Batavia has significant assets to spur an economic renaissance
Submitted by Howard Owens on January 18, 2009 - 11:36am
Is Batavia well positioned for an economic renaissance? Reading a post on the rural-themed blog the Daily Yonder this morning, I'm thinking the question might very well be yes.
Big rural towns may have even better luck than large cities when it comes to attracting and keeping manufacturing jobs. (It seems the formula for success includes being a home to higher education situated at the crossroads of major highways.) Big towns usually boast health care facilities located inside the city limits, or at least nearby. Having an industrial park within an economic enterprise zone doesn’t hurt either.
Here's are what I see of Batavia's assets:
- The Harvester/Masse complex, which is ripe for redevelopment.
- Proximity to key transportation routes, though the Thruway's never ending cycle of toll increases is a problem
- Train routes already in place
- The city is well positioned in relation to major water ways, access to the East Coast and the northern Mid-West.
- Plenty of water.
- Plenty of electricity, and the ability to generate more
- Good health care facilities in place
- Good schools (though no major university)
- Good, stable workforce
- Plenty of recreational opportunities for families; interesting, historic locale with easy access to vacation and entertainment spots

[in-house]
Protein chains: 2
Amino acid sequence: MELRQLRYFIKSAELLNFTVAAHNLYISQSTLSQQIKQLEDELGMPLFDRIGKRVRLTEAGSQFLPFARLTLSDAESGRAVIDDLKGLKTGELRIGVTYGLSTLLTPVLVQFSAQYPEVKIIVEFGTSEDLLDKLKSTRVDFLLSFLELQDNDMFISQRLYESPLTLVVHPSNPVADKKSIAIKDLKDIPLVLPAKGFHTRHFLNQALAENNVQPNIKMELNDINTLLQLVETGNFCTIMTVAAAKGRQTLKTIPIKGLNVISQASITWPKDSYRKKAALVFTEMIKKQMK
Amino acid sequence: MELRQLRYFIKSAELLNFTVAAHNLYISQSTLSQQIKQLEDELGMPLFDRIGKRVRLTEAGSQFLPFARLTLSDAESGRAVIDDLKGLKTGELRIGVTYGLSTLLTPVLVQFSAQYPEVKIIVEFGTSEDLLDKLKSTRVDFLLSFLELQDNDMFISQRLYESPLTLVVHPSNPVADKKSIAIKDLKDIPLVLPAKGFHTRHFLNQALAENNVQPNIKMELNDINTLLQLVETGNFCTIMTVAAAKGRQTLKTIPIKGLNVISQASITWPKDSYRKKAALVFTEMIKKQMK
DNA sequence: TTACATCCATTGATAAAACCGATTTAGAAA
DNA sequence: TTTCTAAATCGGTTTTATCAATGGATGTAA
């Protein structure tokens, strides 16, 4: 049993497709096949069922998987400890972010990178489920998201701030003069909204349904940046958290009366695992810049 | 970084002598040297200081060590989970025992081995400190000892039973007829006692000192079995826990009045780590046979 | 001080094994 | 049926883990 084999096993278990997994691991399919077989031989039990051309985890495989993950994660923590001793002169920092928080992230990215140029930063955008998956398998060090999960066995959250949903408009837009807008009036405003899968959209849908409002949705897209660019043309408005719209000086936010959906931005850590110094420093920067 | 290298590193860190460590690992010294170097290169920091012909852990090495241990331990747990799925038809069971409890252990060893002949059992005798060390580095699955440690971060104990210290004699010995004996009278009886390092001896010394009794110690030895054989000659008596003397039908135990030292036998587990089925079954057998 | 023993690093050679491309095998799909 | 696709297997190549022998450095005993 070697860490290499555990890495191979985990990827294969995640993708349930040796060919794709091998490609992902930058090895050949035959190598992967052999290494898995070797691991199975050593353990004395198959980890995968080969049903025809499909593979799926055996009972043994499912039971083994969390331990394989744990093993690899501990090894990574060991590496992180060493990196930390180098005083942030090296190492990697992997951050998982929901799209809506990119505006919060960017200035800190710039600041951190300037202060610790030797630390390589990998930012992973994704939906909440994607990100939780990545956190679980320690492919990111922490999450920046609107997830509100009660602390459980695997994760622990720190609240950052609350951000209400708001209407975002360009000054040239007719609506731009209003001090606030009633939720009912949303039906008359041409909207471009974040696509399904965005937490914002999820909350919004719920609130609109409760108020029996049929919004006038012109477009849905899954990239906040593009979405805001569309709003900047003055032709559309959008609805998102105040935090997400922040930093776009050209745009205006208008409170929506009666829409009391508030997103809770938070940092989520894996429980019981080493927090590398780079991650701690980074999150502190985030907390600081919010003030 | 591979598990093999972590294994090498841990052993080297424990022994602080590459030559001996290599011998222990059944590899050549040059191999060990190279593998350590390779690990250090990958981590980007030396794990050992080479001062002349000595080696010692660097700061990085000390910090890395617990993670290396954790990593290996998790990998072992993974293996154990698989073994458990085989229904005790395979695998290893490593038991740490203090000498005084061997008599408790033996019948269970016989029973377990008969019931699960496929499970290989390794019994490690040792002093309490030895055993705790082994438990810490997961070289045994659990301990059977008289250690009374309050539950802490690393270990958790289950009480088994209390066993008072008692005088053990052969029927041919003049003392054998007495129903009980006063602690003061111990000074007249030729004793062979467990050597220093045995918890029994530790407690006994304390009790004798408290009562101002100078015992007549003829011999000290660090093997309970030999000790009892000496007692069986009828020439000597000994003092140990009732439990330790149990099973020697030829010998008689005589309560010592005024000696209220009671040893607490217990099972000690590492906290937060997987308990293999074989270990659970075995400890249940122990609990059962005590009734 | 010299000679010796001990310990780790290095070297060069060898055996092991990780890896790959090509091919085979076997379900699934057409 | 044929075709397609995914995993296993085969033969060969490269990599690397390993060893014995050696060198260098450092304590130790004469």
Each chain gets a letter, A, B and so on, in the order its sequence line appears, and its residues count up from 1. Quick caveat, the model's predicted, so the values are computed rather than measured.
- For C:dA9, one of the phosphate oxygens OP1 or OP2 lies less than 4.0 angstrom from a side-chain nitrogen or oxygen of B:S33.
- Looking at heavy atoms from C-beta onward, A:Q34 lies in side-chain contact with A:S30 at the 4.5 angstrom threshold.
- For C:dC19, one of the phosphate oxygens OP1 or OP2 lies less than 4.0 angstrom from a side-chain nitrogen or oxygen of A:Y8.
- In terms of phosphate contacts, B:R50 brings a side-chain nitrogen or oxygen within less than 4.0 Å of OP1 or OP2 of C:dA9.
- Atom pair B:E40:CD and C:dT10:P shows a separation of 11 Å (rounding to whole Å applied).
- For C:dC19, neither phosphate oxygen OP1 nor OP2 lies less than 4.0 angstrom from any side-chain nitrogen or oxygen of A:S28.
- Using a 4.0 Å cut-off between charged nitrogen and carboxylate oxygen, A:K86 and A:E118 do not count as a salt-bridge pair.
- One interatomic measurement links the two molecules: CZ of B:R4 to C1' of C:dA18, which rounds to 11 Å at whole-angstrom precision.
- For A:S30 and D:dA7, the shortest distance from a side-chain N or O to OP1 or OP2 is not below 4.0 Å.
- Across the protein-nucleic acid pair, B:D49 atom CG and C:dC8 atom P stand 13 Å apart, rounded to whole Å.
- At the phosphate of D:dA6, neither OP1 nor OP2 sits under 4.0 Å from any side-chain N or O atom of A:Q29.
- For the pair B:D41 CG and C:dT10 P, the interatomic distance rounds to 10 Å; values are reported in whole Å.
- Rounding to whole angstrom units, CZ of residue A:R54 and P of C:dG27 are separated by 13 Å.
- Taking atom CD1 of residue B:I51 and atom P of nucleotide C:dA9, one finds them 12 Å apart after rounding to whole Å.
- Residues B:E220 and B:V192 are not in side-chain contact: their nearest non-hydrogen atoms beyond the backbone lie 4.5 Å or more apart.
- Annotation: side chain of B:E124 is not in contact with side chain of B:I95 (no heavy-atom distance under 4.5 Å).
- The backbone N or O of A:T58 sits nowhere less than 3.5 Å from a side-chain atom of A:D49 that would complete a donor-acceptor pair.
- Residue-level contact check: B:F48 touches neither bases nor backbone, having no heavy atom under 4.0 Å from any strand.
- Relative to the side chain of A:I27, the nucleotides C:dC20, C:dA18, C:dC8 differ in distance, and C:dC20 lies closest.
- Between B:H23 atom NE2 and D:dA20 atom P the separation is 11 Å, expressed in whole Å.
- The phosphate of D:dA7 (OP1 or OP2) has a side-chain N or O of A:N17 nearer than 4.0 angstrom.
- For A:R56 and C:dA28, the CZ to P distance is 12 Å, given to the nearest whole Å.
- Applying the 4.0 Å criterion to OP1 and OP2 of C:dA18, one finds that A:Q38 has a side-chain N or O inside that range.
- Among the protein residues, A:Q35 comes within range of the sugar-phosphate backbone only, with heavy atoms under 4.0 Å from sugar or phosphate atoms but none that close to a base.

The article goes on:
Where big towns fall short is population; they need to draw labor from rather broad areas of the surrounding countryside, perhaps as many as four or five counties large.
Batavia is certainly surrounded by rural counties with additional workers, but the close proximity of Buffalo and Rochester may also be an asset. The idea of people commuting from those cities to work in Batavia might drive up transportation costs, but Batavia is close enough that it might not be a stretch to imagine people relocating to Genesee County. They would still be close to their friends and families in Rochester or Buffalo, but living in a great community.
On the other hand, I imagine many people now living in Genesee County and commuting now to Rochester and Buffalo might welcome new job opportunities right in the middle of Batavia.
The biggest negatives facing Batavia, however, remain high taxes and a state government overzealous about regulation and red tape.
Still, with the proper planning and the right effort correctly applied, there's no reason that Batavia can't realize some significant economic growth over the next 10 years.